So, I leave the astute post-mortem to more able analysts like those at TPM:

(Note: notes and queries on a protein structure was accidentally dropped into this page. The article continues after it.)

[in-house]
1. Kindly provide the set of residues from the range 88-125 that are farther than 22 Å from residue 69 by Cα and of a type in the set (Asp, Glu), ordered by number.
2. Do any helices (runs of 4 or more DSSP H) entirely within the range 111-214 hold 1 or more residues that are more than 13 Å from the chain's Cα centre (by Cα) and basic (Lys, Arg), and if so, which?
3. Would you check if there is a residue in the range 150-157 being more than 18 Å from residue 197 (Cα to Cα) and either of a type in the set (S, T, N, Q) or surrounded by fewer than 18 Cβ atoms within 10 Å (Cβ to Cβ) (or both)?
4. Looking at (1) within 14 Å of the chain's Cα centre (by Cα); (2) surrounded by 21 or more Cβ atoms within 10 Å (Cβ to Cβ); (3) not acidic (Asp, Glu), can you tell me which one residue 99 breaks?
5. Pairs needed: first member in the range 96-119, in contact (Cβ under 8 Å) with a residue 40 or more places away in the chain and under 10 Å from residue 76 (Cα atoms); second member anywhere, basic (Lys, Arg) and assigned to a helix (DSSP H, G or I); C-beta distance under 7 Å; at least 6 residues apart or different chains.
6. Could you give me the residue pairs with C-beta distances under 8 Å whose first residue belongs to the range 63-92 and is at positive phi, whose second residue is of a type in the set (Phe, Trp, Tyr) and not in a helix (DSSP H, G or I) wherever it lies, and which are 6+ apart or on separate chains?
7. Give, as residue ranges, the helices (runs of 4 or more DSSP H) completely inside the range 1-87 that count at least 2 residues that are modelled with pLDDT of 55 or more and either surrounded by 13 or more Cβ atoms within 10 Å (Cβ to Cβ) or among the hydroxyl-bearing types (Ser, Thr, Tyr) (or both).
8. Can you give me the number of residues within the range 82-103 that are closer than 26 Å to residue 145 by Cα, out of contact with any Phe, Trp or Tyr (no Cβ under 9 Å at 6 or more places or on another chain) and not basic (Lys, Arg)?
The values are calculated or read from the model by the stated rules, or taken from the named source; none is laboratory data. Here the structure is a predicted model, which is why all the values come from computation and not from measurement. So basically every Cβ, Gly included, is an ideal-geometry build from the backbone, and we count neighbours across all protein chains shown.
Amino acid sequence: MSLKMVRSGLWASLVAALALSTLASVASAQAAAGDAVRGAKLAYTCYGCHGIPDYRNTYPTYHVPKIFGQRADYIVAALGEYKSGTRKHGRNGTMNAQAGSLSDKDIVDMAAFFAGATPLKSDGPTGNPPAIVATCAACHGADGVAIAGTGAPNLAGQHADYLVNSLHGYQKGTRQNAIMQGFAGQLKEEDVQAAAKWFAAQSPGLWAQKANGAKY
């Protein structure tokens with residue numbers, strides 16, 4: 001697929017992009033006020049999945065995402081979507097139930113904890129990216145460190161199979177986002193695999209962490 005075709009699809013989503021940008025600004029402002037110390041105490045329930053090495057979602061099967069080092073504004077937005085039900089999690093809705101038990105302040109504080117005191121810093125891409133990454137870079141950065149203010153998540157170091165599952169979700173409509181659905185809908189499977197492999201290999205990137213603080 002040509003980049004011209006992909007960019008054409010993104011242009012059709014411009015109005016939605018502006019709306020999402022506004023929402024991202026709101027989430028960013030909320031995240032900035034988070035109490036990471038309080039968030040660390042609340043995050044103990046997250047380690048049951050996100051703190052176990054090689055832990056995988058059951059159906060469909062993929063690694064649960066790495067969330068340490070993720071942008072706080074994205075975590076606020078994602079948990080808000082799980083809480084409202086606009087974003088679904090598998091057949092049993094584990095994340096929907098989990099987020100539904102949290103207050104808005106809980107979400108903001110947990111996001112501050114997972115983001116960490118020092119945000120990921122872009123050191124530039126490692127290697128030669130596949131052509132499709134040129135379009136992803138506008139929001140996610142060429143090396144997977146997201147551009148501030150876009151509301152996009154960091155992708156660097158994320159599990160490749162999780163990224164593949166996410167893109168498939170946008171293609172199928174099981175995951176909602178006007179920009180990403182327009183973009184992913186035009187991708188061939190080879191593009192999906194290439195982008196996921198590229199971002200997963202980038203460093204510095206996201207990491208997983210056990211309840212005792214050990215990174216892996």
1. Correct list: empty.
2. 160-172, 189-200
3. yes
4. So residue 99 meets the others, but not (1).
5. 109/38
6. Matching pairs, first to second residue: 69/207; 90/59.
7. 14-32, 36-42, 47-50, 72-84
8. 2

If you look at this from the vantage point of two weeks ago, it's a huge win for Obama, since he was trailing in states across the country by a very big margin. From the vantage point of the last couple days, however, it's much less clear. The hype of his momentum just got a bit out ahead of what he was able to pull off. And in that sense there's very mild echo of New Hampshire, though the Clinton campaign is silly to claim some sort of comeback. There were a handful of states which, had he won two or more of them, would have taken him from a delegate tie to a decisive win that would have been Clinton seriously on the defensive. But it didn't happen. Not in New Jersey or Massachusetts and most importantly not in California, which Clinton won decisively. But I think all these competing scenarios make one point clear. The only arguments for one side or the other being a winner here come down to airy and finally meaningless arguments about expectations. And the result tells a different tale. It's about delegates. It's dead even. You've got two well-funded candidates who've demonstrated an ability to power back from defeats. And neither is going anywhere. The flip side of the proportional representation in delegates is that not only does it allow a challenger like Obama not to get put away early, it also makes it difficult to put away an opponent late. The conventional wisdom is that Obama will do well in this weekend's and next Tuesday's contests. But if he does, proportionality will reign there too.Add to the silliness the latest spin that a tie is a win for Barack. Actually, a tie is a brake on either campaign's momentum, and a sign that Democratic-leaning voters are not yet ready to get behind either whole hog. Ties are all dogs, no hogs.